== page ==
General Assembly Taps The Brakes On Pensions
Kentucky leaders are sounding less-than-rosy about the prospects for new pension reforms, but they're not throwing in the towel just yet.
With one week of the 30-day session already in the books, the absence of a working pension package hasn't gone unnoticed — and leaders in both chambers are considering options beyond the regular session. Late Friday, legislators tasked a new Public Pension Working Group with studying the struggling retirement system and coming back with recommendations by Feb. 15th, but extensions could push that deadline back to as late as December.
House Speaker David Osborne said there is "a possibility" that lawmakers will leave empty handed in March. After adjourning Friday, Senate President Robert Stivers mapped out where the process stands.
"We are going to try to fashion something," the Manchester Republican said. "Whether it can be done in this session, I do not know. Or could it be done... in a special session after we adjourn? It may be appropriate to do that. But to do that, I believe we would need to have buy in, consensus, and be prepared to move as quickly as possible in a special session."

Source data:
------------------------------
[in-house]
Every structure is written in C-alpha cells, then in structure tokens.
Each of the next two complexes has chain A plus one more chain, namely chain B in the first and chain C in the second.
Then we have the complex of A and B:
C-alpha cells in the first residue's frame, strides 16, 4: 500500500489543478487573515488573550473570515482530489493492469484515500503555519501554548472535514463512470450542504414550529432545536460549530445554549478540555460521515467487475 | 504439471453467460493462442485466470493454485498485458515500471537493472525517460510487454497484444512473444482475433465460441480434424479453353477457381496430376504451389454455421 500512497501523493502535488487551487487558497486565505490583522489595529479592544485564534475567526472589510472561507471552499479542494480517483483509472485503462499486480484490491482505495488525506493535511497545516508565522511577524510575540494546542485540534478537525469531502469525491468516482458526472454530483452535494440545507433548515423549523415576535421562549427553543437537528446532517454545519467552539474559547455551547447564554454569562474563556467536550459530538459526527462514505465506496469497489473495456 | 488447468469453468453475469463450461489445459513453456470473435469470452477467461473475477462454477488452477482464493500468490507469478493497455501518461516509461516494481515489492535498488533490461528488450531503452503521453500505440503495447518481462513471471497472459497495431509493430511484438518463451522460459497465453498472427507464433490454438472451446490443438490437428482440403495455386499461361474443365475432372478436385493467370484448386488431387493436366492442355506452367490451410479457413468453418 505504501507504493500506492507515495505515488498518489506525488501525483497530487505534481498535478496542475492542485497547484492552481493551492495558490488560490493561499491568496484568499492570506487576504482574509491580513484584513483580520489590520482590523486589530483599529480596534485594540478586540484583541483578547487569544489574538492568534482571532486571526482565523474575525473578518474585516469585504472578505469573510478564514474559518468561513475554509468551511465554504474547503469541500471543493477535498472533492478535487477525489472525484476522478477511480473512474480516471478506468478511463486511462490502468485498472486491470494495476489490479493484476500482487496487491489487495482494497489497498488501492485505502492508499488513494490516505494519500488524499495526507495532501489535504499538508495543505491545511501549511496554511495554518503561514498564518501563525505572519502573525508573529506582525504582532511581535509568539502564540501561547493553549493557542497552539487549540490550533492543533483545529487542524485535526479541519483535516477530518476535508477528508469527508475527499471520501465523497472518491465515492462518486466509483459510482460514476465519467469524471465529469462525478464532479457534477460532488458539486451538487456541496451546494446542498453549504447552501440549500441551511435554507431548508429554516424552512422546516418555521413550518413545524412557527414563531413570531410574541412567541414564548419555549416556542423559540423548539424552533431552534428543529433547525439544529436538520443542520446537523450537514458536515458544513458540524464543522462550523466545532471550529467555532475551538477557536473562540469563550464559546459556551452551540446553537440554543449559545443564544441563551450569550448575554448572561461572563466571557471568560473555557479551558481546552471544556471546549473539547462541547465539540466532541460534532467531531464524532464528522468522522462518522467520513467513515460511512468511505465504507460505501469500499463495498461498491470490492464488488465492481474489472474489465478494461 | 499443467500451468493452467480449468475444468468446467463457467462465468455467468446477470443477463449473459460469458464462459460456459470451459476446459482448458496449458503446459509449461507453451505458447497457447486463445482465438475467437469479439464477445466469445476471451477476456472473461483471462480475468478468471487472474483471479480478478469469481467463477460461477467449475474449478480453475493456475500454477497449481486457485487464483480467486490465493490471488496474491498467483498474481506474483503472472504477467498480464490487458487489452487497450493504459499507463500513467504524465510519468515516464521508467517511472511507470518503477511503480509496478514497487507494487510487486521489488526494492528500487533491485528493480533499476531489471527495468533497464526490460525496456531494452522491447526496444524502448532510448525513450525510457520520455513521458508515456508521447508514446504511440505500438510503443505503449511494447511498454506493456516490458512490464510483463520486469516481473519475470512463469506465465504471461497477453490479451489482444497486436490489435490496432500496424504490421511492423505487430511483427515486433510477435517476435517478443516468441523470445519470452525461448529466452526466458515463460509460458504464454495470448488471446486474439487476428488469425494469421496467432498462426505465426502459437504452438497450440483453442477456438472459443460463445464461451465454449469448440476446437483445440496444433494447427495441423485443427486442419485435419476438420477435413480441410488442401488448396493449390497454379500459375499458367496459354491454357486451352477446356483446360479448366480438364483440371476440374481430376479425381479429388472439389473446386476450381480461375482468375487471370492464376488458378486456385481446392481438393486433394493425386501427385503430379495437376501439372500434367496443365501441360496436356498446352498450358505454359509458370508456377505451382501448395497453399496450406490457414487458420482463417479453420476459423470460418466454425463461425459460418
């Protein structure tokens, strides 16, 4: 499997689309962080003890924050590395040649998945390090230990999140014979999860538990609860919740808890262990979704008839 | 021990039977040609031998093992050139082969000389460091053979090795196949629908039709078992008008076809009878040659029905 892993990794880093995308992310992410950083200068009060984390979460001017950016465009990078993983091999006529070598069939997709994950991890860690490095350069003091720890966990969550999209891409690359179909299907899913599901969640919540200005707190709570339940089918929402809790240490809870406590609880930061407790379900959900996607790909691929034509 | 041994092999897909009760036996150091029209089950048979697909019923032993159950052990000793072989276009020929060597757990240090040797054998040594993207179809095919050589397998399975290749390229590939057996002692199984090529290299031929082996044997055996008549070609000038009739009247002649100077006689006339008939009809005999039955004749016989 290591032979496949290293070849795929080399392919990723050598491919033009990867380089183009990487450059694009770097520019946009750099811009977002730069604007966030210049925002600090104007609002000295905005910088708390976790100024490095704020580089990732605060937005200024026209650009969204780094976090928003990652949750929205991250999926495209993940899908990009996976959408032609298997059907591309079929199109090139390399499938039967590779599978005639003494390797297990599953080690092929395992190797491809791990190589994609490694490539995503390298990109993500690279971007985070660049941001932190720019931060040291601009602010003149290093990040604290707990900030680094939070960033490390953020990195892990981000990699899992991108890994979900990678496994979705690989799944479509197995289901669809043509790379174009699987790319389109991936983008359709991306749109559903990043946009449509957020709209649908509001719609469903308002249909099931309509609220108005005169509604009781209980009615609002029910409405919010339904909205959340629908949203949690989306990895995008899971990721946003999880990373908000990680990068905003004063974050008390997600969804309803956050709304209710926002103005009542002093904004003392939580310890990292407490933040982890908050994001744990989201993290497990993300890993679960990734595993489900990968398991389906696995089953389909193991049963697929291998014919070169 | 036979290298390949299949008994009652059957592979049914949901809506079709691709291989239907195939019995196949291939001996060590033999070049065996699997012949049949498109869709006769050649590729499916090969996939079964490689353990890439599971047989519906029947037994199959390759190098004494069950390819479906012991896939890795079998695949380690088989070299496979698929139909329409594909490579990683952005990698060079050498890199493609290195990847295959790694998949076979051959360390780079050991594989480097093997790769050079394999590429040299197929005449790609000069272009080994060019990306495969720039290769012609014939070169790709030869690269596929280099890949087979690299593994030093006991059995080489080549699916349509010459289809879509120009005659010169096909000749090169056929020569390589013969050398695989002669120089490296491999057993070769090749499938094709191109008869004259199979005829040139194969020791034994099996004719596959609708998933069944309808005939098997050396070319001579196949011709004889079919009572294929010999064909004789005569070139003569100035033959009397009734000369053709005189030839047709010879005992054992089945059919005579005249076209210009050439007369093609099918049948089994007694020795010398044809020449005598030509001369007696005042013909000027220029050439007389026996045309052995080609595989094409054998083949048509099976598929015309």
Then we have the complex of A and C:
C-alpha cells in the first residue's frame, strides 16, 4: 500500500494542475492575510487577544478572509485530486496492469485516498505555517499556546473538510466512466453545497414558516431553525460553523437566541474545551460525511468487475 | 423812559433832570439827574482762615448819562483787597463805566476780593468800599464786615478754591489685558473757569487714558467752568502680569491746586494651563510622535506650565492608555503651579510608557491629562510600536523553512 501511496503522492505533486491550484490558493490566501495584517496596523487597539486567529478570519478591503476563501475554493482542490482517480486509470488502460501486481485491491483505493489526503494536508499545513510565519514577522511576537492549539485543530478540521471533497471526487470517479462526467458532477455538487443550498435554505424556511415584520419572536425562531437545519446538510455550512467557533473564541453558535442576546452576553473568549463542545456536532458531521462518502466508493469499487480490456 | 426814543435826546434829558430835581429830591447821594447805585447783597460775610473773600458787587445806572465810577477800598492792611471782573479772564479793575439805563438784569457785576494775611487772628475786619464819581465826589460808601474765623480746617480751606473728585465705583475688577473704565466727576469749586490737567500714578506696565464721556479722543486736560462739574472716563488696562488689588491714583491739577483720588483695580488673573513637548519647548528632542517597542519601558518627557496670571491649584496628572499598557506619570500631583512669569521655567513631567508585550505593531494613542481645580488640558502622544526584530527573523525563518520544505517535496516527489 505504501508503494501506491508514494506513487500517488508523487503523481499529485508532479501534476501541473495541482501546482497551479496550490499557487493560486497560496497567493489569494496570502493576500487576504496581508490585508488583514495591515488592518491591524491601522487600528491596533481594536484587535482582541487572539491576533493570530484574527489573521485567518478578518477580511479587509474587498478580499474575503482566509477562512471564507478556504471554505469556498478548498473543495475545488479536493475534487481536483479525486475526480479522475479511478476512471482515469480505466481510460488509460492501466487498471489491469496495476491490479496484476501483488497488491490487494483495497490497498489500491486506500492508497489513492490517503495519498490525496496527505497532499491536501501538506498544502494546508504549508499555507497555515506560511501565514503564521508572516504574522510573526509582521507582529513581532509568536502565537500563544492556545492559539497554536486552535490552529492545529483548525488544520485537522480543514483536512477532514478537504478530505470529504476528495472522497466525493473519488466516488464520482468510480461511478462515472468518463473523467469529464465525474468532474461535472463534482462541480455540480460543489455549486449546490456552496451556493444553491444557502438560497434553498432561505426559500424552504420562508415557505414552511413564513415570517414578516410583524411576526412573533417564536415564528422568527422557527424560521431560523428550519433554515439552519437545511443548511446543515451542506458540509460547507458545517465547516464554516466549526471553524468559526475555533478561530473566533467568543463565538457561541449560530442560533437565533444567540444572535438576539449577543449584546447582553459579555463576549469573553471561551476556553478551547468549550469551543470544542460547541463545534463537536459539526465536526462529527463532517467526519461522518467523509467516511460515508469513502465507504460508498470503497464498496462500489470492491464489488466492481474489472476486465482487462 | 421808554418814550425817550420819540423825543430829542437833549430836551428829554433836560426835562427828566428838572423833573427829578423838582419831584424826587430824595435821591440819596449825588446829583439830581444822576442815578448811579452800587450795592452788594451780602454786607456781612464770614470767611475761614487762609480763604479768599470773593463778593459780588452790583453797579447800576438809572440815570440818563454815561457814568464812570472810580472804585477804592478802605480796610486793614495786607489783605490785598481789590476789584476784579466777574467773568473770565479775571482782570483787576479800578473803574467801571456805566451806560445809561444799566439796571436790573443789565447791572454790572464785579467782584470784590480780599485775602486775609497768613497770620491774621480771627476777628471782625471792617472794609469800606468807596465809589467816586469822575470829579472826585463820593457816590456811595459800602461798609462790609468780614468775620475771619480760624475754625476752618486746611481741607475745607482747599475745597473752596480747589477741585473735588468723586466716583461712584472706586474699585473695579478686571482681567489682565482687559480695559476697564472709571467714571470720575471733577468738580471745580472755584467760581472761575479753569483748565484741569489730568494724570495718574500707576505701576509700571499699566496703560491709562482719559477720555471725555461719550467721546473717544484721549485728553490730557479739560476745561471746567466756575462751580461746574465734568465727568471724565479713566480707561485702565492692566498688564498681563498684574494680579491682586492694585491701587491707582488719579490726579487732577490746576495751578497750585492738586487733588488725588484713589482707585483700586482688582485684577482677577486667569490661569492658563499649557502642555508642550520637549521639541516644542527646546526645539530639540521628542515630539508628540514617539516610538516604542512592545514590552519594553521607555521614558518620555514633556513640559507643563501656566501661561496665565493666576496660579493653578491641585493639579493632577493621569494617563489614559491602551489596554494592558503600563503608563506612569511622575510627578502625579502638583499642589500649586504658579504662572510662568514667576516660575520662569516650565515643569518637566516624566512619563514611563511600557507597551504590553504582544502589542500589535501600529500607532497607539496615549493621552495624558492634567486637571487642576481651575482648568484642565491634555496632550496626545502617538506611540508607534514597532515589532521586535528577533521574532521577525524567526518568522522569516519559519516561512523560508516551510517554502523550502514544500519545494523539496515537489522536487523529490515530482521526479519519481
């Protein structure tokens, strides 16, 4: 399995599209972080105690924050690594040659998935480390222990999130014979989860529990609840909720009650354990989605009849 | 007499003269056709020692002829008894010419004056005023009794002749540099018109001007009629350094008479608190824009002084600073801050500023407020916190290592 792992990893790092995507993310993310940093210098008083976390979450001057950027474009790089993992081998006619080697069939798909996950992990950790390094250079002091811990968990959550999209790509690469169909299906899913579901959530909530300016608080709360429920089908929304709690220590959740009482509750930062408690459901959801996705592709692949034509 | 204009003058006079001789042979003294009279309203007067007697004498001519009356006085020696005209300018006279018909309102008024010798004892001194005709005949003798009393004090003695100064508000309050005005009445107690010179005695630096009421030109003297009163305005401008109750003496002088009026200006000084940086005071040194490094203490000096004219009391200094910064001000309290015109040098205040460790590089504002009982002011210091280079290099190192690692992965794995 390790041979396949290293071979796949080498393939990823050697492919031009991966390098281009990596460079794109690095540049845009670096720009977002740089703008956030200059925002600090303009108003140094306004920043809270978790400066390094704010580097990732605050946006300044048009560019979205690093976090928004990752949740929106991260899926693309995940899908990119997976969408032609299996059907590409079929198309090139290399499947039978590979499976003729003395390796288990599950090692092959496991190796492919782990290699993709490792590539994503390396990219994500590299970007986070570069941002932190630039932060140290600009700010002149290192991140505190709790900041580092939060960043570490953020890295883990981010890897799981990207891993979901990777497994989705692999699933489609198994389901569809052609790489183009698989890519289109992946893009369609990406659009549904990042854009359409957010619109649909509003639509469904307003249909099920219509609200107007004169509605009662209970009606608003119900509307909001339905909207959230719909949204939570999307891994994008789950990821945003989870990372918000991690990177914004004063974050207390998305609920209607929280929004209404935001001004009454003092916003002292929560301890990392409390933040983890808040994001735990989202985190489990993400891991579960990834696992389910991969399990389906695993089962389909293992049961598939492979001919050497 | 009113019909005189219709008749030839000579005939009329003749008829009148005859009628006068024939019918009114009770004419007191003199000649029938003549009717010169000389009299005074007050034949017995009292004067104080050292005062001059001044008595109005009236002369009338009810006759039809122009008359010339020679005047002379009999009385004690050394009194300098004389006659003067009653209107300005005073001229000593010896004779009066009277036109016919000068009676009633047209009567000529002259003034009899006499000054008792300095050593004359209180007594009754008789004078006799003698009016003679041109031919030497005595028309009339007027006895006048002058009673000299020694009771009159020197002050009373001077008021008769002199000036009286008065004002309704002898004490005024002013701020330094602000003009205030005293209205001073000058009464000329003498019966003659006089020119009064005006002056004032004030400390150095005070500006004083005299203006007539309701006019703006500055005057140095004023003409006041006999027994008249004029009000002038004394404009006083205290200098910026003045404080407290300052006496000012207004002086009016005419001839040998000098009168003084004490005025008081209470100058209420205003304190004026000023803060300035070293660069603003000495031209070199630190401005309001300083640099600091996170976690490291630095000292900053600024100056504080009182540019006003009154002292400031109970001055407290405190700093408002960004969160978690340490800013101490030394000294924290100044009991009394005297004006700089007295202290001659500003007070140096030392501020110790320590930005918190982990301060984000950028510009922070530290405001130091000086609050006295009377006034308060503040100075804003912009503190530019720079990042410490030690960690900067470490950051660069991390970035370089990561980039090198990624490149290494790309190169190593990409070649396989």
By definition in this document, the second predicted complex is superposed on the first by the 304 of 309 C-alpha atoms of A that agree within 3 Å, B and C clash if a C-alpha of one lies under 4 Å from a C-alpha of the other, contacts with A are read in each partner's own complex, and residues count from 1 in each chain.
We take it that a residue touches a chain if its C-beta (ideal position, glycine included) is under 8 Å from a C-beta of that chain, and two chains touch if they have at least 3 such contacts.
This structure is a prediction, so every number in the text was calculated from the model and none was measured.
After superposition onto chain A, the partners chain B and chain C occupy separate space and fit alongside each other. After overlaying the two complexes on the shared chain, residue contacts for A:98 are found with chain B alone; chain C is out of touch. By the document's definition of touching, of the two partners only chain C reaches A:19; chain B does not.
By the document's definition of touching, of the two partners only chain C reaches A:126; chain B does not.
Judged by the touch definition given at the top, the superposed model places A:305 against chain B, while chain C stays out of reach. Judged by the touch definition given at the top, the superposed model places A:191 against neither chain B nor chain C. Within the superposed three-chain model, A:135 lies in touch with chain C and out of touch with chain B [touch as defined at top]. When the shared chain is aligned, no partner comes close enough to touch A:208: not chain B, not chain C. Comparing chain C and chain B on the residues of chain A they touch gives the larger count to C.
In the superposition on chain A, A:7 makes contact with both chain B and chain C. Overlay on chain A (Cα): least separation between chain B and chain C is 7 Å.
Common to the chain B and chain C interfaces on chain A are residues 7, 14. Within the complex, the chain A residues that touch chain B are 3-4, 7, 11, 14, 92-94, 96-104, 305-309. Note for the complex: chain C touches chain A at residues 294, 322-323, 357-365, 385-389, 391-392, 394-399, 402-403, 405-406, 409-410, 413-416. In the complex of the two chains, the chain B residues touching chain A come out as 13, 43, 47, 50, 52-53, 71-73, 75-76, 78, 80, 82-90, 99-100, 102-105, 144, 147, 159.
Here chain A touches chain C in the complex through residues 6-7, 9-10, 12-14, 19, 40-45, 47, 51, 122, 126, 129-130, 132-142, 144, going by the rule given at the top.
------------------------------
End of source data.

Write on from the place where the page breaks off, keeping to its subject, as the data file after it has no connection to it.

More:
The caveats come as the Lexington Herald-Leader reports credit rating agency Fitch is downplaying the proposed structural changes to the underfunded retirement system, saying they would not likely affect the state's credit rating. Moody's, however, called the ruling against the GOP-backed reforms a "credit negative" for Kentucky. Gov. Matt Bevin called a special session in December in part over fears that the rating would take a hit following last year's failed attempt at reform.
Stivers says, for now, the system is stable, but without any action by the General Assembly state payments into the system will continue to balloon — placing an even greater strain on the state budget.